Roleplayer #25, August 1991

Spellcasting By The Book

Librams in the Magical Campaign

by Donald Quails

In the common-magic GURPS campaign, where magery is a significant force in society, it may occur to the GM that there is a limitation on mages not found in most fictional settings: the inability of a mage to cast spells he has not memorized. A common device in many fantasy novels, and in some other FRP game systems as well, is that of the already-formidable mage augmenting his abilities by using written instructions to cast complex, unfamiliar, or very powerful spells. This capability was left out of the GURPS magic system, presumably to prevent mages from becoming too powerful and unbalancing the game. While this line of thought is reasonable, those of us who remember The Fantasy Trip, or have read tales like With a Single Spell by Lawrence Watt-Evans or The Shattered World and The Burning Realm by Michael Reaves, might feel that an important part of magic has been omitted. Hence, the following optional rule.

These rules definitely make wizards more powerful, and certainly need not be allowed by any GM who feels that this would unbalance their campaign. However, if you feel that libram casting will unbalance your campaign, but are interested in the possibilities, some additional limitations are described at the end of the article.

Author's Note: The term libram as used here refers specifically to a book containing sufficient information to cast a spell unfamiliar to the reader. This concept is historically much closer to that of the grimoire, whose name springs from the same root as grammar: a book to be learned from. However, to avoid confusion, since "grimoire" already has a meaning in GURPS, a different word was chosen. Libram is derived from the Latin libri, the root of the English word library, and has developed a connotation of a mysterious or magical book.

Special Rule: Spellcasting from Librams

In the basic GURPS Magic system, there are three ways a magic spell may be cast: from memory, from a scroll, or from a magic item. The most common is from memory, as most magic in everyday life consists of using the same spell over and over to solve the same problem. Second most common in most campaigns are spells utilizing a magic item, since magic items are generally durable and thus tend to multiply over time.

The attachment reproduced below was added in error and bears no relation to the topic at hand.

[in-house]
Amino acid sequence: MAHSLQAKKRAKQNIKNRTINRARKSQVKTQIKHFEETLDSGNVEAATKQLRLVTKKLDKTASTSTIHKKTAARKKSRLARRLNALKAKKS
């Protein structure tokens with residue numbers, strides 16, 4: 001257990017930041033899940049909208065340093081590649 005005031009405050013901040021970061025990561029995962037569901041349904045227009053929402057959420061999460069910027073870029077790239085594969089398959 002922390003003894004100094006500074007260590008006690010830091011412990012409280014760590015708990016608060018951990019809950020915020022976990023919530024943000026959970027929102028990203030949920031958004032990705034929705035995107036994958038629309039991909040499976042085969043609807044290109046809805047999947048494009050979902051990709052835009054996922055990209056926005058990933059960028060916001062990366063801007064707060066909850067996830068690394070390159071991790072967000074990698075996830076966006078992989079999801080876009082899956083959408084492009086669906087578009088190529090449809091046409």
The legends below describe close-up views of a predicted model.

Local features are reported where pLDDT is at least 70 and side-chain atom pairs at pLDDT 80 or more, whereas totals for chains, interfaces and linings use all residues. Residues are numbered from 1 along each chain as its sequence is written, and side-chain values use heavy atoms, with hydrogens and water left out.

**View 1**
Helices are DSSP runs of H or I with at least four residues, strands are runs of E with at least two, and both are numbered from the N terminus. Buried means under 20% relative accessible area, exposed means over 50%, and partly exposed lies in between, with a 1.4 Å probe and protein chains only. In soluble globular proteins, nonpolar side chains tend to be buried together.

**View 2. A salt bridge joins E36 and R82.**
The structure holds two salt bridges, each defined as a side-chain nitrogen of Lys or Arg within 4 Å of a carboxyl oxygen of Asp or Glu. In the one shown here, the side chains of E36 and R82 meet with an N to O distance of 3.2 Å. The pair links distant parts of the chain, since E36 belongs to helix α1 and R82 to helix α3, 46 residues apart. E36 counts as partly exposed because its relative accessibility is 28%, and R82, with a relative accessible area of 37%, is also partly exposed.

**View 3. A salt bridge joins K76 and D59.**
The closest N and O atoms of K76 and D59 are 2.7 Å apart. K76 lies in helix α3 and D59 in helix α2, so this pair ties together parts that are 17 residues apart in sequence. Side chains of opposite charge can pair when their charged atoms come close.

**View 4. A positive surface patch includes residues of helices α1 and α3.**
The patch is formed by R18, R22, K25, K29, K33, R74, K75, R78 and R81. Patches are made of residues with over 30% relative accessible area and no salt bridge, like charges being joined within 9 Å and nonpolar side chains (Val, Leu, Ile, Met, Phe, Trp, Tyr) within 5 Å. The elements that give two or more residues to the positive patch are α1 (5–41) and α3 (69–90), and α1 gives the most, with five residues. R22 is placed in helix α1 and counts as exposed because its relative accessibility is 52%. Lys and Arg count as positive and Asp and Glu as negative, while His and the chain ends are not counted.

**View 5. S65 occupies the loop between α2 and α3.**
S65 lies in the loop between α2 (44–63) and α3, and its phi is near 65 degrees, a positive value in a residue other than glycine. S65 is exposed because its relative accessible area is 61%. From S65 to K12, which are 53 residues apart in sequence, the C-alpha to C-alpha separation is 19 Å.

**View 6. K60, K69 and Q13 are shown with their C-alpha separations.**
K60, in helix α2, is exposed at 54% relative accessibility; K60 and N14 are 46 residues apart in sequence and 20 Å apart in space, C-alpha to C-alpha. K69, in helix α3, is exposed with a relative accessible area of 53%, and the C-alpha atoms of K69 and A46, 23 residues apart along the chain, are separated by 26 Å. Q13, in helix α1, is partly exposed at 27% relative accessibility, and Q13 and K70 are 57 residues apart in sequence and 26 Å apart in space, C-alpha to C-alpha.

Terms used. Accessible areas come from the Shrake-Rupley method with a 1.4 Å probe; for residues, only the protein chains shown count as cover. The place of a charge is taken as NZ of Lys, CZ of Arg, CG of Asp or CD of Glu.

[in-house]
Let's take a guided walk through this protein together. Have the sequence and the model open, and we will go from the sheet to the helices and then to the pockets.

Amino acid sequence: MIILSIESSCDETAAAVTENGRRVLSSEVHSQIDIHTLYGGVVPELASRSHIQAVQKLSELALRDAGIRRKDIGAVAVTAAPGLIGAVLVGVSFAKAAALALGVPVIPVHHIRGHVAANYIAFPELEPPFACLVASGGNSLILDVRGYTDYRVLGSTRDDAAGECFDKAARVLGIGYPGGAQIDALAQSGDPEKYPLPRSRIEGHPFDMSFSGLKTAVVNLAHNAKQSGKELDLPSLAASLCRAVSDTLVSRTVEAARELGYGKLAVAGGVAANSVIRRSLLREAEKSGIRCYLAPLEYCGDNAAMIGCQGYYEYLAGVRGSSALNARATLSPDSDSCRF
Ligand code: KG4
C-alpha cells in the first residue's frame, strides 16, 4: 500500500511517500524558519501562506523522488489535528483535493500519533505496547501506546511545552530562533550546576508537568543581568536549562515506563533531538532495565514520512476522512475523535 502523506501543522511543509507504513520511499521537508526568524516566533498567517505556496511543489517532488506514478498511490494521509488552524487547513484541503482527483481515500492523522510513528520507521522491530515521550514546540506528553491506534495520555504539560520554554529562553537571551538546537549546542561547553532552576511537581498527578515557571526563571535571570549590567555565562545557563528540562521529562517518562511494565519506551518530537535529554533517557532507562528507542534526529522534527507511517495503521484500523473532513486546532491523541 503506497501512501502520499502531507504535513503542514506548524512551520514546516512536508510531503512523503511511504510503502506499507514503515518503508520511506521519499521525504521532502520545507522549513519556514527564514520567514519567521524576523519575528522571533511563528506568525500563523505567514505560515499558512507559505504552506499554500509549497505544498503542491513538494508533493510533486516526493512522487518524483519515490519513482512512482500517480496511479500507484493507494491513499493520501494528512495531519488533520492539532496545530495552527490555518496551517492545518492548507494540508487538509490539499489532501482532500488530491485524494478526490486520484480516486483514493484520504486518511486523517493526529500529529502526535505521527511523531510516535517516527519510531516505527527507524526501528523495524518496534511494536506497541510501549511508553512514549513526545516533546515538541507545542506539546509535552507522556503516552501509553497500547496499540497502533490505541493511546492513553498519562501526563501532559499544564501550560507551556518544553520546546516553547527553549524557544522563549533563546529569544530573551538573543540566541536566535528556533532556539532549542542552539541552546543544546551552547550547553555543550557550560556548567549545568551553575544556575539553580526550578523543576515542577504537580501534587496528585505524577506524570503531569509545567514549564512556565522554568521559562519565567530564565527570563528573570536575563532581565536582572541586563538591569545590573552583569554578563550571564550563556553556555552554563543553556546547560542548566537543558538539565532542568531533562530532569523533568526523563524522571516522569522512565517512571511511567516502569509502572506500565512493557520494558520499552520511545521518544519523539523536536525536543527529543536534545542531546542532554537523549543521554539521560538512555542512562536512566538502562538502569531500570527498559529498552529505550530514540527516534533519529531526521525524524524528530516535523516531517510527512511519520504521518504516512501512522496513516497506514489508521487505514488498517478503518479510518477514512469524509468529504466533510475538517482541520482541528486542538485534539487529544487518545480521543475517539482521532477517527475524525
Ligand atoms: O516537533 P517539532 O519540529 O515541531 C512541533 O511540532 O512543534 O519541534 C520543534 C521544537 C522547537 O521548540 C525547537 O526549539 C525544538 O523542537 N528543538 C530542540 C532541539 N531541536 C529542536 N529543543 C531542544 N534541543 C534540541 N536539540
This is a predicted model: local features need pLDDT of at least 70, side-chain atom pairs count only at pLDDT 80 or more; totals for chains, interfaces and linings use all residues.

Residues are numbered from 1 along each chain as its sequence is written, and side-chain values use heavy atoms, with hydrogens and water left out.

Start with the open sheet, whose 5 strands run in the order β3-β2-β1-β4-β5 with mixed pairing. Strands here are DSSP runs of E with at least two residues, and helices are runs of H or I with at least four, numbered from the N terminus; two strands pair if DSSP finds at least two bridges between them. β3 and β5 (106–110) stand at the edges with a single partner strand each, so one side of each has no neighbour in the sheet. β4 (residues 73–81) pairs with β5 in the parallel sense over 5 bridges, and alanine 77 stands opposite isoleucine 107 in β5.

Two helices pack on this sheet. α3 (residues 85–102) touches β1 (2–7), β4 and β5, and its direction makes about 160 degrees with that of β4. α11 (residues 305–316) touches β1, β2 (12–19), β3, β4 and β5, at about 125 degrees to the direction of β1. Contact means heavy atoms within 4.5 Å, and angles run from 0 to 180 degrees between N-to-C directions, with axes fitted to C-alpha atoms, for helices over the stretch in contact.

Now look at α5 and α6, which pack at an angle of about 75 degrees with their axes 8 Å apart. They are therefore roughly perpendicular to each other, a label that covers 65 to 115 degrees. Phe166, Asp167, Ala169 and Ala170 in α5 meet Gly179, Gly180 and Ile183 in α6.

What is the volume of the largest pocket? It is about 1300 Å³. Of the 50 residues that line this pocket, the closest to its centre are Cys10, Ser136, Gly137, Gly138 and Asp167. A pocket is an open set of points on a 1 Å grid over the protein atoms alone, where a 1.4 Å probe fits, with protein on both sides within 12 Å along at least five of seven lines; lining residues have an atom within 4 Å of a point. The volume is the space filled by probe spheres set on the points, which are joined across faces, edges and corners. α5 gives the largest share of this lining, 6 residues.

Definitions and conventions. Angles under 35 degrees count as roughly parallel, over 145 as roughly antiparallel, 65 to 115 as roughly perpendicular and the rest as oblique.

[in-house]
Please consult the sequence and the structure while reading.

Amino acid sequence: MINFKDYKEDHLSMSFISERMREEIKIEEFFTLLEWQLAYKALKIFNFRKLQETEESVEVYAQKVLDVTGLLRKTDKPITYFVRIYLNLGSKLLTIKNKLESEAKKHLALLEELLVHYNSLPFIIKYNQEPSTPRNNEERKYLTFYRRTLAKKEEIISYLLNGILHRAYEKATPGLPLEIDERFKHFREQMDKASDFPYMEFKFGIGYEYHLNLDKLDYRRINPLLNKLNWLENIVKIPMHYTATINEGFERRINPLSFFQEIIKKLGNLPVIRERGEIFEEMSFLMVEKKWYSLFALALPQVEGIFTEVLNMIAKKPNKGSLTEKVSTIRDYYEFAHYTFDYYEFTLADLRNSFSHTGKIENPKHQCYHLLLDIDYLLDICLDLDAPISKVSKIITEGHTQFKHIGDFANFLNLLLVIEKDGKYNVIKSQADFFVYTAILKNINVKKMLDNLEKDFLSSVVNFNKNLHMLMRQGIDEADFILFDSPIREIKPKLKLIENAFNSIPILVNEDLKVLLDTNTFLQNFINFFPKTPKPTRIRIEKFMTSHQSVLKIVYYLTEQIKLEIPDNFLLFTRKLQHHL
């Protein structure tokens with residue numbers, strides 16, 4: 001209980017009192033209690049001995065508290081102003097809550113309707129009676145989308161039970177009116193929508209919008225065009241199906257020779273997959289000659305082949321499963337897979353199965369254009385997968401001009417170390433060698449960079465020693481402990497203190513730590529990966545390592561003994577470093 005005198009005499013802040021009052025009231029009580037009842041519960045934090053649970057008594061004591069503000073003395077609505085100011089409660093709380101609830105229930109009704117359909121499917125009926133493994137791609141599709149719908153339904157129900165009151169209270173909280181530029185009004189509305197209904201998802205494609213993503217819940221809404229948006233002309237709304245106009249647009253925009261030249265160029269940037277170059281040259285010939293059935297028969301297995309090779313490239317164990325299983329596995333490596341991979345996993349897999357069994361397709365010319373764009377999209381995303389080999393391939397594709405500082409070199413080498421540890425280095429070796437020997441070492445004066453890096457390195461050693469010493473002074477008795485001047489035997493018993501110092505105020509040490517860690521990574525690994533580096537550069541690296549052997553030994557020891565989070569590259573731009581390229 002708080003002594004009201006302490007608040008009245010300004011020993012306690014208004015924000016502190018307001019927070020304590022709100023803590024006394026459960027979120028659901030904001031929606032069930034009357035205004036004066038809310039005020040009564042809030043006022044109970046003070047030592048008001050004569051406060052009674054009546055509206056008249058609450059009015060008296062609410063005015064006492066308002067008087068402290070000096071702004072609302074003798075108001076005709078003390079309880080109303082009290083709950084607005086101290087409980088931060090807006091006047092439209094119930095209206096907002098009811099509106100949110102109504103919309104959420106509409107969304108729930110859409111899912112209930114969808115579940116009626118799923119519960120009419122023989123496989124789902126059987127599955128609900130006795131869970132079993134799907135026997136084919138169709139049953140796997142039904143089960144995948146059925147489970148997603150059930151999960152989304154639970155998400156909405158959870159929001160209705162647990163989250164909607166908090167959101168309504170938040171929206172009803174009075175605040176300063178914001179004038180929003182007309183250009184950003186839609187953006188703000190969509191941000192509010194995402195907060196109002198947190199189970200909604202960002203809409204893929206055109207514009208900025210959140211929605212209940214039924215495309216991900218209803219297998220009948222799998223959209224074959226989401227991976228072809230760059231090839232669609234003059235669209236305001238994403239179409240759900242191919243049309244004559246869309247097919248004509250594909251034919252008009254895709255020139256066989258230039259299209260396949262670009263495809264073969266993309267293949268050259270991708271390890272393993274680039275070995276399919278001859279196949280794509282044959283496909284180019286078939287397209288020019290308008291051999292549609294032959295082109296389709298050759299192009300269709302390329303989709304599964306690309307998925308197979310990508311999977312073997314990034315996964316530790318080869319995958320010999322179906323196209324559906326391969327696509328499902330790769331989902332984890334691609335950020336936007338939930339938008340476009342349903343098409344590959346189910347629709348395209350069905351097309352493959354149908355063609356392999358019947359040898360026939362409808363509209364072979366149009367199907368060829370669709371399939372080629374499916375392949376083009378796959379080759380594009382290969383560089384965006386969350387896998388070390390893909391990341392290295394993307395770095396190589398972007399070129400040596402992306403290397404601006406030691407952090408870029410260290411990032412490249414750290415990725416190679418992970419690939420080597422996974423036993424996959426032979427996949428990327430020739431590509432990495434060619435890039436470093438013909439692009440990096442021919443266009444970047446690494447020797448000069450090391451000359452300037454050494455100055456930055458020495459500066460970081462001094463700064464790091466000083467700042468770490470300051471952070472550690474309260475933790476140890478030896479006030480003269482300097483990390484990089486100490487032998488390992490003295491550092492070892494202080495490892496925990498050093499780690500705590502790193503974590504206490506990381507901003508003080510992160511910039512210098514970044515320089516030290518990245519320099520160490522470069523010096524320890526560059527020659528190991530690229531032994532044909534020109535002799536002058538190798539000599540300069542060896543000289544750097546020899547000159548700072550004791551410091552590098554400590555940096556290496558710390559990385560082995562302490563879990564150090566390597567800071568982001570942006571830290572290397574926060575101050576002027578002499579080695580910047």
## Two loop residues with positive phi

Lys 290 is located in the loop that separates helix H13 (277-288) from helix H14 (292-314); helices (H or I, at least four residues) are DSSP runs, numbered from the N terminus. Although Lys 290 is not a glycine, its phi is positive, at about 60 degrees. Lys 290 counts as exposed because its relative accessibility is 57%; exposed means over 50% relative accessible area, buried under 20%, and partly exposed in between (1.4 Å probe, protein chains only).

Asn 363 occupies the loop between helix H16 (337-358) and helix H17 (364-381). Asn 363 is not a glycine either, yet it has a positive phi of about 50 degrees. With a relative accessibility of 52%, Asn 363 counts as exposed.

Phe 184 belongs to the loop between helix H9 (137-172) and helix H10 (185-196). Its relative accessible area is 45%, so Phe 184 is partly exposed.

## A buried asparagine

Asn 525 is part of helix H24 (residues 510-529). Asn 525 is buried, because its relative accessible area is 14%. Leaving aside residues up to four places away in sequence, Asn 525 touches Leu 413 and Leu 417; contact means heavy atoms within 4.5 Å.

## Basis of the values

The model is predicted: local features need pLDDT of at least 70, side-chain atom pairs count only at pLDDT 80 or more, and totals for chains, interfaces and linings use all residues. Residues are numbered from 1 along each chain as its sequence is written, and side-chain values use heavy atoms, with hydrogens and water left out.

The least common in most campaigns is the scroll, although it is potentially very powerful. A scroll may carry the knowledge to cast a spell far beyond the abilities of the reader, but its utility is very severely limited by the fragility of the medium, the high cost in time or money to create a scroll (remember, they must be created by an enchanter mage who also knows the spell to be inscribed), and the fact that it may be used only once. Even in campaigns where magic is quite common, scrolls may be rare.

This article adds a fourth type of spellcasting: from a libram. Many disadvantages of the scroll are alleviated by the libram. While the libram, like the scroll, contains all of the information necessary to cast a spell, it is not of itself magical, and the caster must know the spell prerequisites on which the libram is based (see below for discussion of prerequisites as applied to librams).

Casting a spell from a libram is a form of ceremonial magic, taking 60 times the normal casting time required by the spell. In addition, an extremely complex ritual is required (possibly also involving rare or expensive equipment or materials), such that the libram cannot be held in hand by the caster, but must be propped open or held by an assistant.

When casting from a libram, the spell is cast at the writer's skill-4 or at the caster's skill-5 (less any Eidetic Memory bonus normally included in Base Skill: thus, IQ 7 + Magery), whichever is lower. The writer's skill to use here is the same skill used in determining the success or failure of the creation or copying of the libram (see below).

Although this seems to be an exception to the requirement of skill 15+ to cast spells ceremonially, only the caster may participate. It is possible to use the Energy for Skill rule in casting from a libram (in fact, it is generally a very good idea to do so, if possible, to reduce the chance of embarrassing fumbles and dangerous backfires). But note that the energy must come only from the caster's ST and HT, and a single powerstone. Share Strength may not be used, as casting from a libram takes much longer than the duration of the Share Strength spell, and it is not possible to synchronize the casting as the power is used gradually over the course of the ritual.

Missile spells may be cast from librams (though this usually isn't very practical). They are simply held and enlarged (at one point per minute) as they would be in normal casting.

Learning Spells From Librams

This same libram also serves as the textbook from which one may learn a spell without a teacher. Because a true libram can only be written or copied by one who knows the spell, the prices tend to be high, and the greater the complexity of the spell, the more costly the libram and the longer the time to write or copy it.